On Day 3 of the hearing in the constitutionality of the abrogation of Article 370, Senior Advocate Raju Ramachandran, for petitioners Shah Faesal and Shehla Rashid, took the five-judge bench through case-laws to emphasise a single constitutional principle- the power to enact a constitutional change (whether by application of India's other constitutional provisions with a "concurrence", or by modification or abrogation of Article 370 itself with a "recommendation") in its ultimate form resides with the state of J&K i.e. the people of the state of J&K.
Referring to the constitution bench authority in Damnoo, Mr. Ramachandran contended that the amendment in Article 370, made through the route of modifying Art. 367 (4) of the Constitution as applied to J&K, was approved because it merely mirrored an amendment made in the Constitution of the State of J&K. "In the present case, however, there is no such amendment made to the Constitution of J&K that is being mirrored in the Constitution of India as applied to J&K".
Further, in Damnoo, the change was only interpretive, as "head of state" was to be construed as Governor instead of Sadar-i-Riyasat. There was no change in the fundamental nature or character of the entity of the head of state. But in the case at hand, there is a clear change in the character of the entity when the "Constituent Assembly", having powers in the realm of constitutional amendment and abrogation, is sought to be substituted by the "Legislative Assembly", which has legislative powers of a house of the State Legislature conferred under and thus limited by the Constitution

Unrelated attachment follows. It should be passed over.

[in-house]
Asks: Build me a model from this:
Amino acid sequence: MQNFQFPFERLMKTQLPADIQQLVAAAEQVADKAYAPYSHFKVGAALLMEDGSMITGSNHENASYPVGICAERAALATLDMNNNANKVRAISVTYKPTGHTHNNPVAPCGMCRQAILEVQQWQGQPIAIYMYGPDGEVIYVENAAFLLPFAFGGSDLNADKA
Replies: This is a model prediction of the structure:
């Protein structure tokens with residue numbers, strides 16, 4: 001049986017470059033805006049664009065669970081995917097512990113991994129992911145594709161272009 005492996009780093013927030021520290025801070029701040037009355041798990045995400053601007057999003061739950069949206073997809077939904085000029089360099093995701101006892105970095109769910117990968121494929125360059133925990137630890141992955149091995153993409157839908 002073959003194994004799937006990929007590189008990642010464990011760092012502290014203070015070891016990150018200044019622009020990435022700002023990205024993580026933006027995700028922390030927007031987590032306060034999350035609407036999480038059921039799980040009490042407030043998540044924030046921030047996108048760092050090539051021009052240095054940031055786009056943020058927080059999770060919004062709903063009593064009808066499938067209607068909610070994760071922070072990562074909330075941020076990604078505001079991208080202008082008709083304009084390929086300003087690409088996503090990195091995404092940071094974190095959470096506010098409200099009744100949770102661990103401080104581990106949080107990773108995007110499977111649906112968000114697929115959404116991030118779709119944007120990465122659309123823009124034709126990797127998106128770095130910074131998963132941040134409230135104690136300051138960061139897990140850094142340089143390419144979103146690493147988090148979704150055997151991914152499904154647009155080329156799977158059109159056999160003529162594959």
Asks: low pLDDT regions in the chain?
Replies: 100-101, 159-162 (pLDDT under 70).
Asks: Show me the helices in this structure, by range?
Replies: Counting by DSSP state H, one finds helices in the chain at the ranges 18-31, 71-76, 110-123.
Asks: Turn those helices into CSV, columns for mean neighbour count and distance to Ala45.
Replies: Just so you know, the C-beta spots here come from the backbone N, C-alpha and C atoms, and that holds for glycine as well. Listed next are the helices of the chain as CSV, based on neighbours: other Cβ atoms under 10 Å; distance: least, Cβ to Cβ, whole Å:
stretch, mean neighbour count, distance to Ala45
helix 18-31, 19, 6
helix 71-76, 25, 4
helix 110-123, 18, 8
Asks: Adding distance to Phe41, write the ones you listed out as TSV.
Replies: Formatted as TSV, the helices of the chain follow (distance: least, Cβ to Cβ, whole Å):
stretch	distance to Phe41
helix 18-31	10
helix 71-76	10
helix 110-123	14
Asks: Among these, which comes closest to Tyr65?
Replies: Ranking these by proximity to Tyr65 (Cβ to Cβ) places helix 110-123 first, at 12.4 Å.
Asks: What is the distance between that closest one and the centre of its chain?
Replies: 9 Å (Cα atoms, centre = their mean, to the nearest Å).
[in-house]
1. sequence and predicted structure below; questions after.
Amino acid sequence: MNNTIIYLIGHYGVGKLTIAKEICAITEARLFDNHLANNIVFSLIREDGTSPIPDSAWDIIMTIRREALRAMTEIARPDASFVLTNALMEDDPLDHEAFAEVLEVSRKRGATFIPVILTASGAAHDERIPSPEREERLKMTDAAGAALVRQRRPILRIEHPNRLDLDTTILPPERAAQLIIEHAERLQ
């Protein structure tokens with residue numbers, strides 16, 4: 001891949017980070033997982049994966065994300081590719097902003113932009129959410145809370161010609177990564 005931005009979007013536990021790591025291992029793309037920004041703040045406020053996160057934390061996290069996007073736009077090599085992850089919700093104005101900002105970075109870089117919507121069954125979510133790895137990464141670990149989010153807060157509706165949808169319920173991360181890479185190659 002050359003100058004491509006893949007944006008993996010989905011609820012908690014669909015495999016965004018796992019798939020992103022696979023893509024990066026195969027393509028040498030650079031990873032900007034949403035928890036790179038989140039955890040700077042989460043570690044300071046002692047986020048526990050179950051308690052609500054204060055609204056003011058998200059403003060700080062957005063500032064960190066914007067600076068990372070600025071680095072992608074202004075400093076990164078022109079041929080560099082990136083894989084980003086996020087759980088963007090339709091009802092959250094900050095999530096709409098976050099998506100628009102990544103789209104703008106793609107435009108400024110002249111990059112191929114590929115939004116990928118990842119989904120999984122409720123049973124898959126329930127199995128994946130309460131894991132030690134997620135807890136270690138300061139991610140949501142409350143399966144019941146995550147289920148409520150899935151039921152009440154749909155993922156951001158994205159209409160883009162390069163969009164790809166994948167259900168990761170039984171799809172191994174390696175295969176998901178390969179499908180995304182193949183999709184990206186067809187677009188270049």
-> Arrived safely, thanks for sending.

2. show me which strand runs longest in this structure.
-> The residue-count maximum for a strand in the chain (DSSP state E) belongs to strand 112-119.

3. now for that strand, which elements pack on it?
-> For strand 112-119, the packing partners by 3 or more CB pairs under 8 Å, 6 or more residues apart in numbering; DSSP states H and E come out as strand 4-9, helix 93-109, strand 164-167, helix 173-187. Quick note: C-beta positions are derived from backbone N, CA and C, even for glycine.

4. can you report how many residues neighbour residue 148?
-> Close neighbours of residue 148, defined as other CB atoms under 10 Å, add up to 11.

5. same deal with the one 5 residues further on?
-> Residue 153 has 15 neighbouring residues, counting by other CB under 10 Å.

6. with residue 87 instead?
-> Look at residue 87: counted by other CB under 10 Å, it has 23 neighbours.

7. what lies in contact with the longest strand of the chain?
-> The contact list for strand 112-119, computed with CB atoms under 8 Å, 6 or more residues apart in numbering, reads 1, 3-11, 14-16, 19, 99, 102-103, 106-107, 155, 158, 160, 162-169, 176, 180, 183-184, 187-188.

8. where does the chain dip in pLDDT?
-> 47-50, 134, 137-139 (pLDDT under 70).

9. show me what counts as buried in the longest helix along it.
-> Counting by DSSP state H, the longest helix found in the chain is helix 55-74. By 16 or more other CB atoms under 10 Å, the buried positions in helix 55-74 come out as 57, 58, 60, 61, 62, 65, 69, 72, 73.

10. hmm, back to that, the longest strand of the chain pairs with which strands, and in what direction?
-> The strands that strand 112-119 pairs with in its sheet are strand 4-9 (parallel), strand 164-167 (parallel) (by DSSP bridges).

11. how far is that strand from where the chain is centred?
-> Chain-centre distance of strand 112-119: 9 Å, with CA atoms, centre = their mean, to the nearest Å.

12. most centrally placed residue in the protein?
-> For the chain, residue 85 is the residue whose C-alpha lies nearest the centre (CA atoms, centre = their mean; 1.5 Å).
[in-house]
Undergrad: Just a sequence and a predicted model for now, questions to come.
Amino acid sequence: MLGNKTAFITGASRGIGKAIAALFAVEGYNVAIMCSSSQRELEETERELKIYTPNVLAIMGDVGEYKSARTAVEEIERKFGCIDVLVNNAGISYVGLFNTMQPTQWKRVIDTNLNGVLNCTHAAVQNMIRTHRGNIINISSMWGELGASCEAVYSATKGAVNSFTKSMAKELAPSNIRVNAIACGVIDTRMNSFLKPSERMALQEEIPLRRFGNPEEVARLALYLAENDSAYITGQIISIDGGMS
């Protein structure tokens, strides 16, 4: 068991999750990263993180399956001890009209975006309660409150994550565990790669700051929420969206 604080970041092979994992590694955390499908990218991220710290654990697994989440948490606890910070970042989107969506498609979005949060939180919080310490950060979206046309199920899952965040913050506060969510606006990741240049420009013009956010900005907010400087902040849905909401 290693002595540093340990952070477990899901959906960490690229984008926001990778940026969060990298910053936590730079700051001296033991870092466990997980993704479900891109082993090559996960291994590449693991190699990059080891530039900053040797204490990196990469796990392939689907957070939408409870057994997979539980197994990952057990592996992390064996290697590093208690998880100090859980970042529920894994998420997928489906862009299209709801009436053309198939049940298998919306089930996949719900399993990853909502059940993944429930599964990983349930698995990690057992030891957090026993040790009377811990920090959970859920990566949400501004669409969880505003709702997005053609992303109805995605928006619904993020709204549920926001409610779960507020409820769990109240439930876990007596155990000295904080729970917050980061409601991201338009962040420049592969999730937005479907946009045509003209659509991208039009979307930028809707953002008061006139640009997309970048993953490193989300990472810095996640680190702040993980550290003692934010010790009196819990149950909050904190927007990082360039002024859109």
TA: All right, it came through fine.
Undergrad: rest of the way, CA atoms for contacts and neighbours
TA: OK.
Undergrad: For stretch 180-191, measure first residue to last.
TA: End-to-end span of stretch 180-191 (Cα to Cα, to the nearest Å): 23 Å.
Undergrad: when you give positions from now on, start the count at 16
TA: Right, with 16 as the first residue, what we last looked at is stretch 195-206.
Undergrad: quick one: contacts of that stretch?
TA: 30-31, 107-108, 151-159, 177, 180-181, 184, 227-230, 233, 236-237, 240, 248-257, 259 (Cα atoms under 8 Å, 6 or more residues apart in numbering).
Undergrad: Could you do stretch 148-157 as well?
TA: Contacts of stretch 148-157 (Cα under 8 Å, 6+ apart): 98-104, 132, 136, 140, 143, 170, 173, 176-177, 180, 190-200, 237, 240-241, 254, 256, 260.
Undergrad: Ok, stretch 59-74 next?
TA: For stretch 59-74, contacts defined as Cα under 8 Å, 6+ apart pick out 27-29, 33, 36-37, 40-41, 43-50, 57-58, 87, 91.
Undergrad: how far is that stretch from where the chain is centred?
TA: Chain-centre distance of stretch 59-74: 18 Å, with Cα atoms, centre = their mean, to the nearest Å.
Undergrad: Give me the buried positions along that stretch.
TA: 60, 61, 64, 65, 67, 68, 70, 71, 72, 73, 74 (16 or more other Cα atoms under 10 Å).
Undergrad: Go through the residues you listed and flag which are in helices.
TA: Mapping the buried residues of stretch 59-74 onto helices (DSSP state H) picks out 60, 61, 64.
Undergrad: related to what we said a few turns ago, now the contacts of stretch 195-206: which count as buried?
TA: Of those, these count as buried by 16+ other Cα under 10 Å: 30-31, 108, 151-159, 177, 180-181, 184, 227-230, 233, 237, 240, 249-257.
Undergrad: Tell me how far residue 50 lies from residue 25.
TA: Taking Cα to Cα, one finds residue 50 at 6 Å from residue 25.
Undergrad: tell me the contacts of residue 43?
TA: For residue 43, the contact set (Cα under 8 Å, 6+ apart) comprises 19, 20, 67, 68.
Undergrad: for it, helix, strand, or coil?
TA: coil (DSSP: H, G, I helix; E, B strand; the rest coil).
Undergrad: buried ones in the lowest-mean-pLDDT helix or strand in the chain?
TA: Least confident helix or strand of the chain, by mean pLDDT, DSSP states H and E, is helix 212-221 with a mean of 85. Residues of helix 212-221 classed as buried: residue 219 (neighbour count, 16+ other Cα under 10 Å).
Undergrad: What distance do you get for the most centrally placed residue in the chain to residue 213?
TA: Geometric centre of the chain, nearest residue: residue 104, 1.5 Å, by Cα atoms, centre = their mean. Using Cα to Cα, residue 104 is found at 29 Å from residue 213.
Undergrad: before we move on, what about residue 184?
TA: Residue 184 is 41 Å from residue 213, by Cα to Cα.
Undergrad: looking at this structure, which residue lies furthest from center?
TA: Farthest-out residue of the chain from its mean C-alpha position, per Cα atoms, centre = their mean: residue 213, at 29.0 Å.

Unlike in Damnoo, the modification of Article 367(4) to effect a substitution of "Constituent Assembly" with "Legislative Assembly" brings about an alteration in the framework and fundamental character of the Jammu and Kashmir Constitution, by vesting the constituent power of a Constituent Assembly in a single house of the State Legislature.
Further, Mr. Ramachandran submitted that all three power, being "recommendation", in so far as it is the prerequisite for Article 370's modification or abrogation, and "concurrence" insofar as it is a prerequisite for applying "other"constitutional provisions to J&K, and "consultation" are species of constituent power.